The thesis is concerned with the modelling of ionospheric current systems and induced magnetic fields in a multiscale framework. Scaling functions and wavelets are used to realize a multiscale analysis of the function spaces under consideration and to establish a multiscale regularization procedure for the inversion of the considered operator equation. First of all a general multiscale concept for vectorial operator equations between two separable Hilbert spaces is developed in terms of vector kernel functions. The equivalence to the canonical tensorial ansatz is proven and the theory is transferred to the case of multiscale regularization of vectorial inverse problems. As a first application, a special multiresolution analysis of the space of square-integrable vector fields on the sphere, e.g. the Earth’s magnetic field measured on a spherical satellite’s orbit, is presented. By this, a multiscale separation of spherical vector-valued functions with respect to their sources can be established. The vector field is split up into a part induced by sources inside the sphere, a part which is due to sources outside the sphere and a part which is generated by sources on the sphere, i.e. currents crossing the sphere. The multiscale technqiue is tested on a magnetic field data set of the satellite CHAMP and it is shown that crustal field determination can be improved by previously applying our method. In order to reconstruct ionspheric current systems from magnetic field data, an inversion of the Biot-Savart’s law in terms of multiscale regularization is defined. The corresponding operator is formulated and the singular values are calculated. Based on the konwledge of the singular system a regularzation technique in terms of certain product kernels and correponding convolutions can be formed. The method is tested on different simulations and on real magnetic field data of the satellite CHAMP and the proposed satellite mission SWARM.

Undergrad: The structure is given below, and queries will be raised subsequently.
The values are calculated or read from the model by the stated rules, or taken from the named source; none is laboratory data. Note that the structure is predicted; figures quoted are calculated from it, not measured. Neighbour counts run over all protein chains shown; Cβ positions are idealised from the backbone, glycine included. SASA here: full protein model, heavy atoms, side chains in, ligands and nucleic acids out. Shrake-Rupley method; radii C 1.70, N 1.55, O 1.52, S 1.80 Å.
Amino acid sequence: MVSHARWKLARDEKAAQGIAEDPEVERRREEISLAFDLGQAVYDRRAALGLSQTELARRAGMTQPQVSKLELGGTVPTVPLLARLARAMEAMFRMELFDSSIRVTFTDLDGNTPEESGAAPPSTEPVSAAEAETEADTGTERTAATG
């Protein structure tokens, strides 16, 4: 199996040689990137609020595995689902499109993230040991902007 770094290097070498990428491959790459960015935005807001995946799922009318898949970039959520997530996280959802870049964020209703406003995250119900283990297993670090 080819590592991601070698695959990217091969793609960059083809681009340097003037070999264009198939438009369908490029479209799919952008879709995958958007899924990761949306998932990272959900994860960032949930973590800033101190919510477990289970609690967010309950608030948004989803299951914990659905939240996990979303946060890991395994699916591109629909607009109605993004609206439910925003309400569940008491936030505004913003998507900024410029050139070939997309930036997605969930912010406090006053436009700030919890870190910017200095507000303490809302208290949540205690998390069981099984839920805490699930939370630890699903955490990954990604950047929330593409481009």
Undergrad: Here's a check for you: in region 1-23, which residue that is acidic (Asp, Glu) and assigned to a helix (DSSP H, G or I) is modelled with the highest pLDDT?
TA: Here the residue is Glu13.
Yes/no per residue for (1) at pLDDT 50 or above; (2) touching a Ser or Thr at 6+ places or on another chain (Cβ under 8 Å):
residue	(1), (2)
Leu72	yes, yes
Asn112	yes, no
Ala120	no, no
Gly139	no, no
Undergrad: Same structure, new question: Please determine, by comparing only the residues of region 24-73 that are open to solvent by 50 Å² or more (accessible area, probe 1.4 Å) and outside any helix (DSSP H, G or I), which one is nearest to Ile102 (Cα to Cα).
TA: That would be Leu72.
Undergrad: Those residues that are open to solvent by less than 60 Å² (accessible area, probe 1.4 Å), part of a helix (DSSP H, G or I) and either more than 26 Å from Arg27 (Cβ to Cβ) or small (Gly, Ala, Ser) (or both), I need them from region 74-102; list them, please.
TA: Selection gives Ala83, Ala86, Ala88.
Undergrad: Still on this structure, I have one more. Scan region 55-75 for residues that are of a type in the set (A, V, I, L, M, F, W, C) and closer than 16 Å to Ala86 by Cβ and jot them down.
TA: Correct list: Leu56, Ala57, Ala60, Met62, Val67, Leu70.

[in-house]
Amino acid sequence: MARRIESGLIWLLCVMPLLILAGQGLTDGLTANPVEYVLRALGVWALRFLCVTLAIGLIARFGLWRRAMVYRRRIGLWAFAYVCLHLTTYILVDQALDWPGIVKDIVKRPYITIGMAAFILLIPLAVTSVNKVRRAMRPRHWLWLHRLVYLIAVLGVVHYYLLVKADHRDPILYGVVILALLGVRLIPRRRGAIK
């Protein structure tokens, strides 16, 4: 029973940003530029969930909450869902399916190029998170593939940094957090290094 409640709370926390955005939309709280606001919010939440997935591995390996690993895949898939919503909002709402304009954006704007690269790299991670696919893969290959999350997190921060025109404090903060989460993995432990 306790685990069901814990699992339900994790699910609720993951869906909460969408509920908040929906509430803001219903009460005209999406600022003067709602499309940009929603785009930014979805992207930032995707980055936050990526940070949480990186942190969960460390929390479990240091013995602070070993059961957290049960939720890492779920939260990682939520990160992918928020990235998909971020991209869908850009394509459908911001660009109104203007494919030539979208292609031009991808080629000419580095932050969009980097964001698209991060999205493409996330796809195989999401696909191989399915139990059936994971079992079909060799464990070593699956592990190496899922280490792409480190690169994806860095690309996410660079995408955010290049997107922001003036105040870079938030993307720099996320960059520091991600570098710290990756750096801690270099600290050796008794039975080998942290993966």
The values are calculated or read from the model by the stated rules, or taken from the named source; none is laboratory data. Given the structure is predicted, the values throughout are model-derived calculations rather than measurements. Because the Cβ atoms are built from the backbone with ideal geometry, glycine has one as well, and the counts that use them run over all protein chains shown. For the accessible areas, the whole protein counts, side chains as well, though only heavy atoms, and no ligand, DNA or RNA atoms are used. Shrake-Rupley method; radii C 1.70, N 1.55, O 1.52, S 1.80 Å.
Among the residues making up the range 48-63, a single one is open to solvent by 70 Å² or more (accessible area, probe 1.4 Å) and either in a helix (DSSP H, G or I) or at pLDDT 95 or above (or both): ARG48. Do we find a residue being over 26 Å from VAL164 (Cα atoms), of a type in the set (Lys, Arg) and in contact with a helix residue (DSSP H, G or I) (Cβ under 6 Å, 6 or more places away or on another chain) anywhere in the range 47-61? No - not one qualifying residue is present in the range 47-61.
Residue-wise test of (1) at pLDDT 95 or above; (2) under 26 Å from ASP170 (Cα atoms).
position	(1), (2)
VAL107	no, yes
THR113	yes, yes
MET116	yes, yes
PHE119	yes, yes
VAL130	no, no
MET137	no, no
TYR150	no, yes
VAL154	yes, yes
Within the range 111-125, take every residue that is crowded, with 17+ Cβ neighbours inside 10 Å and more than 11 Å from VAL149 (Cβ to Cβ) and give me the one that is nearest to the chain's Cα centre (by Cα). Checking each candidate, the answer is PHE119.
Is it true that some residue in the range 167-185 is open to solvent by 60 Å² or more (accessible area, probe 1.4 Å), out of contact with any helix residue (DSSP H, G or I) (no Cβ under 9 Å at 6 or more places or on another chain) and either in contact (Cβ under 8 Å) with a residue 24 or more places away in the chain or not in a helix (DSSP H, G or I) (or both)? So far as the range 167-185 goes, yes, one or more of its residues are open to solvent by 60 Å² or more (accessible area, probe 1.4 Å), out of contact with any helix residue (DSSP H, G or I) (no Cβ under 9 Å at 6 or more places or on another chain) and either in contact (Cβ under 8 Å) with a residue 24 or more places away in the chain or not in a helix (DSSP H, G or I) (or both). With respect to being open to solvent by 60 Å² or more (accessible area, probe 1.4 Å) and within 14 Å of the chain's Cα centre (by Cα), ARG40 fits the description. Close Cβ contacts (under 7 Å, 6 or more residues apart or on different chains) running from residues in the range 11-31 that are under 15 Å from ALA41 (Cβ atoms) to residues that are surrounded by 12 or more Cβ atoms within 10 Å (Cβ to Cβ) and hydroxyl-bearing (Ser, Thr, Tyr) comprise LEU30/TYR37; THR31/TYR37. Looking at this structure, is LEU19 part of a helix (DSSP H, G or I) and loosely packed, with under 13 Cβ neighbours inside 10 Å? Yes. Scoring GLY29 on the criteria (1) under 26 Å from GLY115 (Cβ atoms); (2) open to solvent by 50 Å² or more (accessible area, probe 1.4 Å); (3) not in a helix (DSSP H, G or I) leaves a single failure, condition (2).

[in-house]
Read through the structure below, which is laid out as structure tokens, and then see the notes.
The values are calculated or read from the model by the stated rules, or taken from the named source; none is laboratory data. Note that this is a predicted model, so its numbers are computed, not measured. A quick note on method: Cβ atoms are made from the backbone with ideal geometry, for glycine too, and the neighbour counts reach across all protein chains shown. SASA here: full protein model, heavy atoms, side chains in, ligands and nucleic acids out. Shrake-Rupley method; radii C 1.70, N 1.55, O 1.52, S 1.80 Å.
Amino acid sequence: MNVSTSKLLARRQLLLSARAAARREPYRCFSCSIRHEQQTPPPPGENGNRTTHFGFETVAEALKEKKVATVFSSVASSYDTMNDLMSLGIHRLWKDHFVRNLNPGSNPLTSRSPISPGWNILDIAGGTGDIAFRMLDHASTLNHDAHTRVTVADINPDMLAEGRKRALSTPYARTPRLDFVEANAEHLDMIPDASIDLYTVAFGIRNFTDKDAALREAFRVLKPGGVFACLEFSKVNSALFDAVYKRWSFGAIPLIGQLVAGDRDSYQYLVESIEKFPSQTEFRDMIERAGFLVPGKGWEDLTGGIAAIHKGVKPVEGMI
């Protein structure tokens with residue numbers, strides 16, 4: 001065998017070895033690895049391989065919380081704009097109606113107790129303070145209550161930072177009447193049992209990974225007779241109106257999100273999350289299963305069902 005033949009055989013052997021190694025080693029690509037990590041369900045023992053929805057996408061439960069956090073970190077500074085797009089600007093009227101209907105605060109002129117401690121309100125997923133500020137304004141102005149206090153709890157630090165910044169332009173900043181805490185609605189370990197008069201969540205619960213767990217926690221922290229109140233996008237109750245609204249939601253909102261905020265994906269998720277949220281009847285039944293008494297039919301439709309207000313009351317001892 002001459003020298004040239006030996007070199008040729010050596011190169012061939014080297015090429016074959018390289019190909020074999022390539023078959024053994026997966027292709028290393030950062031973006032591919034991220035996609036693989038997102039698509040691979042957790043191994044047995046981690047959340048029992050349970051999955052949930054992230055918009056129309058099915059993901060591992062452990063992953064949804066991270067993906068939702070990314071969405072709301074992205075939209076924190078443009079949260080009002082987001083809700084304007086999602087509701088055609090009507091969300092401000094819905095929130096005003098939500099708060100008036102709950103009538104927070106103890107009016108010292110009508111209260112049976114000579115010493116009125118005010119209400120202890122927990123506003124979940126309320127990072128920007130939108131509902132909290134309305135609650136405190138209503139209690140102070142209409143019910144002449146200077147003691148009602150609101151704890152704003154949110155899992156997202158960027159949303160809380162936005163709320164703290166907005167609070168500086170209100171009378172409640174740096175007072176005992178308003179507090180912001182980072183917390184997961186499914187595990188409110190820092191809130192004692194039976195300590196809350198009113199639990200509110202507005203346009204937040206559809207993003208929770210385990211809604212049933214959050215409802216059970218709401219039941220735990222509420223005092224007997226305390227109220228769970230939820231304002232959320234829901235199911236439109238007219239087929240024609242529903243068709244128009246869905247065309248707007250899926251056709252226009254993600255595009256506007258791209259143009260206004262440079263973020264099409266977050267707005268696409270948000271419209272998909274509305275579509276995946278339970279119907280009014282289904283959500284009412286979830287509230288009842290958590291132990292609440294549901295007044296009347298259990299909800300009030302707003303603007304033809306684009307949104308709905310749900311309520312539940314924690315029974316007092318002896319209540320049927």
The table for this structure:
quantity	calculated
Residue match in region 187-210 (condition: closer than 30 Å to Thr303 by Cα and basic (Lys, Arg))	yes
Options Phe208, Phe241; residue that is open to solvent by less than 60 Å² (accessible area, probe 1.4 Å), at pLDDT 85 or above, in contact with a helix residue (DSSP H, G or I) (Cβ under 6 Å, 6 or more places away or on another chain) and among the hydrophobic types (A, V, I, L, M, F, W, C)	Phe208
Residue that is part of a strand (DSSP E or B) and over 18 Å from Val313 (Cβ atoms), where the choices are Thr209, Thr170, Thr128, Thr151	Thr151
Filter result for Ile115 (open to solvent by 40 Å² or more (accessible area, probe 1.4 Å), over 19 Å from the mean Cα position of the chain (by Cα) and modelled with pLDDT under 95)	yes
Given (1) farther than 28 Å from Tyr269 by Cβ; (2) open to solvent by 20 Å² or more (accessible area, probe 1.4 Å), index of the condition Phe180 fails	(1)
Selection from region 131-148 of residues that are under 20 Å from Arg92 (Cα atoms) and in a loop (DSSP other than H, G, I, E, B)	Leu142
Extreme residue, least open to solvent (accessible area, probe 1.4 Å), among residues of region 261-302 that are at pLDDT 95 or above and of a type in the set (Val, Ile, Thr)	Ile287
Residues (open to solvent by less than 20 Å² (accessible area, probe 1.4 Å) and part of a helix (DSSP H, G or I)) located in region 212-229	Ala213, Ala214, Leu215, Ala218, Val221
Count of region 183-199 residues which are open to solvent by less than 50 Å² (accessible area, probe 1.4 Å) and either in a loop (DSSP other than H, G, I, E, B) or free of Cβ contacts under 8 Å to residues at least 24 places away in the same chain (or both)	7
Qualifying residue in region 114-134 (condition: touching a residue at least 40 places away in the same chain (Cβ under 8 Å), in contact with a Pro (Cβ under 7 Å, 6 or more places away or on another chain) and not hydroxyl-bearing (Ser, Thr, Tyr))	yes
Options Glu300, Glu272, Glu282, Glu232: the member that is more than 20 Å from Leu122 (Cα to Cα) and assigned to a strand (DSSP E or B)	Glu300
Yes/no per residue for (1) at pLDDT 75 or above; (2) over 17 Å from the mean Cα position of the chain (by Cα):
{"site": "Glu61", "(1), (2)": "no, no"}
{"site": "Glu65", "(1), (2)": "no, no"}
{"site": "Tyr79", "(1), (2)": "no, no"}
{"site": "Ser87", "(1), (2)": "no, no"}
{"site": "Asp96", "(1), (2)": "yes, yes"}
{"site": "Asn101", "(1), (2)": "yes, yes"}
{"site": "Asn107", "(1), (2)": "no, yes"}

We construct and study two surface measures on the space C([0,1],M) of paths in a compact Riemannian manifold M embedded into the Euclidean space R^n. The first one is induced by conditioning the usual Wiener measure on C([0,T],R^n) to the event that the Brownian particle does not leave the tubular epsilon-neighborhood of M up to time T, and passing to the limit. The second one is defined as the limit of the laws of reflected Brownian motions with reflection on the boundaries of the tubular epsilon-neighborhoods of M. We prove that the both surface measures exist and compare them with the Wiener measure W_M on C([0,T],M). We show that the first one is equivalent to W_M and compute the corresponding density explicitly in terms of the scalar curvature and the mean curvature vector of M. Further, we show that the second surface measure coincides with W_M. Finally, we study the limit behavior of the both surface measures as T tends to infinity.